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4 September 2015
Triglyceride-rich lipoprotein cholesterol: how to calculate from nonfasting samples?

Triglyceride-rich lipoprotein cholesterol (TRL-C) is a major contributor to residual vascular risk even in statin-treated patients at low-density lipoprotein (LDL) cholesterol goal. In this study, TRL-C and the logarithm of triglycerides (log[TG]) were similarly effective when assessing the atherogenic load of nonfasting TRLs.

Hermans MP, Ahn SA, Rousseau MF. Novel unbiased equations to calculate triglyceride-rich lipoprotein cholesterol from routine non-fasting lipids. Cardiovascular Diabetology 2014, 13:56.
Summary
Comments & References
STUDY SUMMARY
Objective: Non-fasting TRL-C contributes to cardiovascular risk; however, estimation of this parameter based on nonfasting lipid measures requires clarification. The aims of this study were therefore 1) to estimate TRL-C from non-fasting lipids; 2) to establish the performance of TRL-C and TRL-C/apolipoprotein (apo)A-I (vs. TG-based markers) to grade TRLs and atherogenic dyslipidaemia and 3) to relate TRL-C with non-fasting TG.
Study design: Cohort study
Study population:

120 subjects with type 2 diabetes (86% white, 63% male, mean age 67 years, 58% with atherogenic dyslipidaemia and 92% on lipid-modifying therapy). Nonfasting lipid measures are summarised in Table 1.

 

Table 1. Baseline nonfasting lipid measures (mg/dL)

Parameter

Mean (standard deviation)

Total cholesterol (TC)

172 (34)

Non-HDL cholesterol

127 (33)

LDL cholesterol

91 (26)

TRL-C

36 (20)

TG

197 (101)

ApoB100

89 (21)

ApoA-I

145 (25)

HDL cholesterol

44 (12)

HDL high-density lipoprotein; LDL low-density lipoprotein
Primary variable:

TRL-C

Secondary variable:

Log[TG]/HDL-C; TRL-C/apoA-I

Methods:

Discriminant Ratio (DR) methodology was used to compare the different lipid measures. Briefly, this methodology allows for comparison of different tests measuring the same underlying physiological variable by determining the ability of a test to discriminate between different subjects, discrimination between different tests, as well as the underlying correlation between pairs of tests adjusting for within-subject variation. Confidence limits were calculated for the DRs and for testing for equivalence of different DRs.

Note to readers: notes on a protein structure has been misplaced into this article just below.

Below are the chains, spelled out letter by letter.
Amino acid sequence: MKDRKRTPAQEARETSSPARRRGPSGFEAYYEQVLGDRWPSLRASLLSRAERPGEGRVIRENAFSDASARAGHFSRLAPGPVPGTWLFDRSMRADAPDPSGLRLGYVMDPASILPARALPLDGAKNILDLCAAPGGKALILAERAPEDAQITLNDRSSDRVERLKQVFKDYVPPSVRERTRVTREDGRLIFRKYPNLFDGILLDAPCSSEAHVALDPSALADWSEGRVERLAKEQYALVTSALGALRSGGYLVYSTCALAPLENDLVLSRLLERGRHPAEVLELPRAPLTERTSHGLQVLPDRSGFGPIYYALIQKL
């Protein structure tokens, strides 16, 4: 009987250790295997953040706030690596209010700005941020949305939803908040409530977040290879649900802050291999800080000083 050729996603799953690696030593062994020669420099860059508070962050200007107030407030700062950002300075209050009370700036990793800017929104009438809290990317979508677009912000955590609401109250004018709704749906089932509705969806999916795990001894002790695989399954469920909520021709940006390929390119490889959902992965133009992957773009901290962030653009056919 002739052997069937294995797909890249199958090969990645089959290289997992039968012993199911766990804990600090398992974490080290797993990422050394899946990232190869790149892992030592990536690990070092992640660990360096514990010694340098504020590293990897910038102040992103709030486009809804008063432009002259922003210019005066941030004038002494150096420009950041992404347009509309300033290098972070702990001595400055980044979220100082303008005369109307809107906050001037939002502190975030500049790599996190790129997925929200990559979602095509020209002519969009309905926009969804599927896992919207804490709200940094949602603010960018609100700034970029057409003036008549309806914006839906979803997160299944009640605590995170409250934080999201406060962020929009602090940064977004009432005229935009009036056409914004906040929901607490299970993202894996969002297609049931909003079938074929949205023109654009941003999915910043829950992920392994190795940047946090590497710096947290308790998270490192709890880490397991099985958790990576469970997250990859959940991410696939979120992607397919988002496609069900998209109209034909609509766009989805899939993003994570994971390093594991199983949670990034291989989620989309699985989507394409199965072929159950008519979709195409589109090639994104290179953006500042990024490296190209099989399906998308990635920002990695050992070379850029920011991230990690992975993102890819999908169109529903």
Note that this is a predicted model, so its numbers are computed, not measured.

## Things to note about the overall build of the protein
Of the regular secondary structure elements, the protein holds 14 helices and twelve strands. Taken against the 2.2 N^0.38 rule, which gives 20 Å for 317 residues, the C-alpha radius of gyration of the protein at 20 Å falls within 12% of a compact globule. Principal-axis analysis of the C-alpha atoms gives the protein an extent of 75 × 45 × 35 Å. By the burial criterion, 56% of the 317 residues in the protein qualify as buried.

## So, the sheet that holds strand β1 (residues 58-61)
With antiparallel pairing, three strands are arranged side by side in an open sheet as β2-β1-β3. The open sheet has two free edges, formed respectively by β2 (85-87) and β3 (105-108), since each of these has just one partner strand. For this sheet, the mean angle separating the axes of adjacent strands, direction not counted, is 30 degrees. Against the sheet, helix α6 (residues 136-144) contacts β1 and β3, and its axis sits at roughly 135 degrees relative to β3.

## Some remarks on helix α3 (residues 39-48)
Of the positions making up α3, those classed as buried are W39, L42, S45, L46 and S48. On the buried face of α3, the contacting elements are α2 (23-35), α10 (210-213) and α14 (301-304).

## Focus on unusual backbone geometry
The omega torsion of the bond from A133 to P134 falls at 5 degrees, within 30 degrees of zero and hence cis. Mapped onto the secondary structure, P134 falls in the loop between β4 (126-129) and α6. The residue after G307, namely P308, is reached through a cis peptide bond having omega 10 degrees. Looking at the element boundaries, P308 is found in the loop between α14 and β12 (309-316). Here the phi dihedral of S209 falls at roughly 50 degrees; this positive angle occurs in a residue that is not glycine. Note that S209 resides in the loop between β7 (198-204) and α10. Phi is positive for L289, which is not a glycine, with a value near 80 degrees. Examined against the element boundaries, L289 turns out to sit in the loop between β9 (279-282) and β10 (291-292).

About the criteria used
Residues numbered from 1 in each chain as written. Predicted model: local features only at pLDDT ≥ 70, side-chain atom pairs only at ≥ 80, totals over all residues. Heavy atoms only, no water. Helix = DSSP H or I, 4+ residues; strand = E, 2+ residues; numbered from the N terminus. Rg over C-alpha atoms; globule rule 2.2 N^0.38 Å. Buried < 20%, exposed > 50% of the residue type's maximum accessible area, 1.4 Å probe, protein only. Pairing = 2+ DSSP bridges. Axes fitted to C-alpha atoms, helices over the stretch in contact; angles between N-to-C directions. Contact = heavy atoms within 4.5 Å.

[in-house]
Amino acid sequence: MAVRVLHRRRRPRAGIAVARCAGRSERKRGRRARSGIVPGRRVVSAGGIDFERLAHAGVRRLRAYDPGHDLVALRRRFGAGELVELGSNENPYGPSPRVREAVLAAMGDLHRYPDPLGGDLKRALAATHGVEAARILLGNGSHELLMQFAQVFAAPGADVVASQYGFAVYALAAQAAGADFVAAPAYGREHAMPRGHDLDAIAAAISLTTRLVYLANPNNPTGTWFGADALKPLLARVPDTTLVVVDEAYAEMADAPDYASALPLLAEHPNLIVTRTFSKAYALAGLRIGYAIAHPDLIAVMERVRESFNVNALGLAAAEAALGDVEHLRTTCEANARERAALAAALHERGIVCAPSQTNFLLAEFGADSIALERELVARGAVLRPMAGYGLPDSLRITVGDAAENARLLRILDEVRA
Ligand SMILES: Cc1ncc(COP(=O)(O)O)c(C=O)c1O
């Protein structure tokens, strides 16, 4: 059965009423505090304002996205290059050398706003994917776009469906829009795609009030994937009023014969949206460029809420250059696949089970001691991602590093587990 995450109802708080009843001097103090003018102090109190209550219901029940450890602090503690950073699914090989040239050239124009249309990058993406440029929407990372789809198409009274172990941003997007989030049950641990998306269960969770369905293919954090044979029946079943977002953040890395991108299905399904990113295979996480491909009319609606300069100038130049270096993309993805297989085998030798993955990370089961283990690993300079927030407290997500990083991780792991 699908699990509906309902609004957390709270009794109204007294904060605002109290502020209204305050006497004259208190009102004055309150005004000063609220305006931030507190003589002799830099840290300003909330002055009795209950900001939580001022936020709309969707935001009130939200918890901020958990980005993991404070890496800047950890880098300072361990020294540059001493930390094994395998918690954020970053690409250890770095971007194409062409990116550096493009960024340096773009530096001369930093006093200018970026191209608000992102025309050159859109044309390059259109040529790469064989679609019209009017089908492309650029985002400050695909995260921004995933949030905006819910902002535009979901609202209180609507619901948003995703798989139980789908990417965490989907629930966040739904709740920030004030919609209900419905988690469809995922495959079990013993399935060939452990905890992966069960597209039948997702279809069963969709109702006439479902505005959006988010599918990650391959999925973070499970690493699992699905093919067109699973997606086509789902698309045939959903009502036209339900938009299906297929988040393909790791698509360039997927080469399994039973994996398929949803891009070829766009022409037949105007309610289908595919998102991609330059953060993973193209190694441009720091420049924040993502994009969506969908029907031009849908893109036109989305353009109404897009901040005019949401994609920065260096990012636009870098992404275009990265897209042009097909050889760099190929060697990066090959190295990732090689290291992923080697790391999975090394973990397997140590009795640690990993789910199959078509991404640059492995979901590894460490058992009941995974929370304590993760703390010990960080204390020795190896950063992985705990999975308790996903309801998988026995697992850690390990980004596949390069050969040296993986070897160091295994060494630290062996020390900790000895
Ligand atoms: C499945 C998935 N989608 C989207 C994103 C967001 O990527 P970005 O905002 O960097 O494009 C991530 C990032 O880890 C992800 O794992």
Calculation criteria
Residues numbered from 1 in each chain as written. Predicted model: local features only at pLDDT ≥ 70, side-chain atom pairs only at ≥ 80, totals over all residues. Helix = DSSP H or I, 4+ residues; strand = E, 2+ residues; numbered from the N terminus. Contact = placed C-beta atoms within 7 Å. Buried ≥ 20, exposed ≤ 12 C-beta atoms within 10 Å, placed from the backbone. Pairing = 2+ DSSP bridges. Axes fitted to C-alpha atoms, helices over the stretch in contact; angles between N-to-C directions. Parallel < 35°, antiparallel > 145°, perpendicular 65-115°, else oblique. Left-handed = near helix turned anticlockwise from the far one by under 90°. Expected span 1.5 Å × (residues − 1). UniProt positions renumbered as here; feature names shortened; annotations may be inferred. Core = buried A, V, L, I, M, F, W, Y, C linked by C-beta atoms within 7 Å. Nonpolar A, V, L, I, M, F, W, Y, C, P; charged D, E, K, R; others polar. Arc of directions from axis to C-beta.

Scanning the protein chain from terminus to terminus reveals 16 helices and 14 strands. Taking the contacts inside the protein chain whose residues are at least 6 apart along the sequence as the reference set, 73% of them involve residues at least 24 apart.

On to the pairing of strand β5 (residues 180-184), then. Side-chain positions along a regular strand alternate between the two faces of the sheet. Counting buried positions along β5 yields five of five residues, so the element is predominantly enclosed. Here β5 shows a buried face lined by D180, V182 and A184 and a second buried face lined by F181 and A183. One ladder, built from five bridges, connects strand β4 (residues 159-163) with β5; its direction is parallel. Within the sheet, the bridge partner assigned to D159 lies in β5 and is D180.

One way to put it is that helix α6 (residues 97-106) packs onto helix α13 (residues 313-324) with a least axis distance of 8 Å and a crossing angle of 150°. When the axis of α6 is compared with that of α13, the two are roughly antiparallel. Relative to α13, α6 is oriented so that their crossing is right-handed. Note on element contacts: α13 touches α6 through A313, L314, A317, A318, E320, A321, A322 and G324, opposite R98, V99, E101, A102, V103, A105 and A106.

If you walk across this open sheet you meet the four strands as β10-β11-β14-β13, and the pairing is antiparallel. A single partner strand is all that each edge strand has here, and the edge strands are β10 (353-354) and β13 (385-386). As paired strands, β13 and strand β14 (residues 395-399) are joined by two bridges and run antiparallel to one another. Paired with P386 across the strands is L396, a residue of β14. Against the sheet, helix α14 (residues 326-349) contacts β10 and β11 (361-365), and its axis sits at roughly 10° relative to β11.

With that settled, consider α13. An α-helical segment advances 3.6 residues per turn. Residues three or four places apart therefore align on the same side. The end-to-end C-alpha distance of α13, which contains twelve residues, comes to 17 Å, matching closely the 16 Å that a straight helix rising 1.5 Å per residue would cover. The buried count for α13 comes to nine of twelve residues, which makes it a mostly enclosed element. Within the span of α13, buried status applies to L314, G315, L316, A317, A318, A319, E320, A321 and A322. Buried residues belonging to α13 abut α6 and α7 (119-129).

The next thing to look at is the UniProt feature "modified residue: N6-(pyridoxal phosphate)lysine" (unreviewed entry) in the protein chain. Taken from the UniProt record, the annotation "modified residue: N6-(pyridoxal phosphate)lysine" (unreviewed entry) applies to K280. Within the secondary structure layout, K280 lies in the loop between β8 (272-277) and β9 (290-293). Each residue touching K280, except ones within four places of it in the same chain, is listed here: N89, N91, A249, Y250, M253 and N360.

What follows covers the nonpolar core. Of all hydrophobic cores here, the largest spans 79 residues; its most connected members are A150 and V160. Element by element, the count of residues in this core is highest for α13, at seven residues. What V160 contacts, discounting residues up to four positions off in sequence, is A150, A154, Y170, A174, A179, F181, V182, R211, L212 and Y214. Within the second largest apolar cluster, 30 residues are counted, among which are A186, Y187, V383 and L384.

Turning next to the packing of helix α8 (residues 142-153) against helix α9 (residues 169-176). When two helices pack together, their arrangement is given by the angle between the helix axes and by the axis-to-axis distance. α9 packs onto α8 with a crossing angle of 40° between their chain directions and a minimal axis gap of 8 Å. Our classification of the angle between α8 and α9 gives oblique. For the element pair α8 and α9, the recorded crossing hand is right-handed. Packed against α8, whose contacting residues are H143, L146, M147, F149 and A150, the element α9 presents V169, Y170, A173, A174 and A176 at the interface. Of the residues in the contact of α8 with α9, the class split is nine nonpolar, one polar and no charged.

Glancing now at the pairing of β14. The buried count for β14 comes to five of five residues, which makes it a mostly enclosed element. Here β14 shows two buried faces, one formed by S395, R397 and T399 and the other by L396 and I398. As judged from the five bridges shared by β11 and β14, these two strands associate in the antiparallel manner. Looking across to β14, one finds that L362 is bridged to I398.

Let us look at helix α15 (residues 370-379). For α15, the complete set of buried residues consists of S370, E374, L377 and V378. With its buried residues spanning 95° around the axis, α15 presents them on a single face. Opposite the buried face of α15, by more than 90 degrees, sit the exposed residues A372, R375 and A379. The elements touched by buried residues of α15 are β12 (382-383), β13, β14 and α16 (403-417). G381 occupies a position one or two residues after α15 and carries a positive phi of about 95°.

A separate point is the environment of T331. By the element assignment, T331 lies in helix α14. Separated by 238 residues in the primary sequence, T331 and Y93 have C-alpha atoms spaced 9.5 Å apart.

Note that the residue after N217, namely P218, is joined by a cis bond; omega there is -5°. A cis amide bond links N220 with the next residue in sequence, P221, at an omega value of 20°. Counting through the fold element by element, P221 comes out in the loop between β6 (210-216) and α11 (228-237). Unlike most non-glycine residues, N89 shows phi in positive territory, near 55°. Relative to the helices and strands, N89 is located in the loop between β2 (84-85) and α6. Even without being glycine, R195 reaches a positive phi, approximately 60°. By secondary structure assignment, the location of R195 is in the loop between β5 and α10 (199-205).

Main results:
  • Depending on apoB100 availability, TRL-C (mg/dL) can be derived from non-fasting lipids in two ways:

(1) TC - [(0.0106 * TC - 0.0036 * TG + 0.017 * apoB100 -       0.27) * 38.6] - HDL-C; and

(2) TC - [(0.0106 * TC -0.0036 * TG + 0.017 * [0.65 * (TC - HDL-C) + 6.3] - 0.27) * 38.6] - HDL-C.

  • Discrimination was similar between log[TG] and TRL-C; log[TG]/HDL-C was better than TRL-C/apoA-I
  • For nonfasting samples, TRL-C can be calculated as = 97.8 * log[TG] - 181.9
Authors’ conclusion:

Nonfasting TRL-C and log[TG] are as effective and interchangeable for assessing remnant atherogenic particles. For grading atherogenic dyslipidaemia, log[TG]/HDL-C is preferable.

COMMENT

Nonfasting TRLs, comprising chylomicrons remnants and very-low-density lipoprotein remnants, are an important contributor to lipid-related residual vascular risk. Measurement of TGs provides a surrogate measure for TRLs. However, it should be borne in mind that these lipoproteins are heterogeneous and metabolically dynamic, especially in the postprandial state. Moreover, it is the cholesterol content – not the TG content - of these lipoproteins that is atherogenic. Consequently, from the clinical perspective, measurement of the cholesterol content of these TG-rich particles would be preferable in assessment of the atherogenic load.

 Some have proposed that remnant cholesterol may be an appropriate measure, supported by evidence from Mendelian randomization studies showing remnant cholesterol as causal for cardiovascular disease.1 Remnant cholesterol may be calculated as total C - (HDL-C + LDL-C).1,2 However, this equation does not hold in the nonfasting state, given that the Friedewald’s equation cannot be used to calculate LDL cholesterol. Access to direct lipoprotein measurement is also not feasible in routine clinical practice.3

 The current study aimed to resolve these issues. The authors propose two equations which allow calculation of TRL-C based on routine nonfasting samples. Given that the need for fasting samples is being reconsidered, the use of these equations will offer the opportunity to monitor and manage TRL-C more effectively in routine practice.

References

1. Varbo A, Benn M, Tybjærg-Hansen A, Jørgensen AB et al. Remnant cholesterol as a causal risk factor for ischemic heart disease. J Am Coll Cardiol 2013, 61:427–36.

2. McPherson R. Remnant cholesterol: “Non-(HDL-C + LDL-C)” as a coronary artery disease risk factor. J Am Coll Cardiol 2013, 61:437–4.

3. Friedewald WT, Levy RI, Fredrickson DS. Estimation of the concentration of low-density lipoprotein cholesterol in plasma, without use of the preparative ultracentrifuge. Clin Chem 1972, 18:499–502.

Key words triglyceride-rich lipoproteins; remnant cholesterol; residual vascular risk; atherogenic dyslipidaemia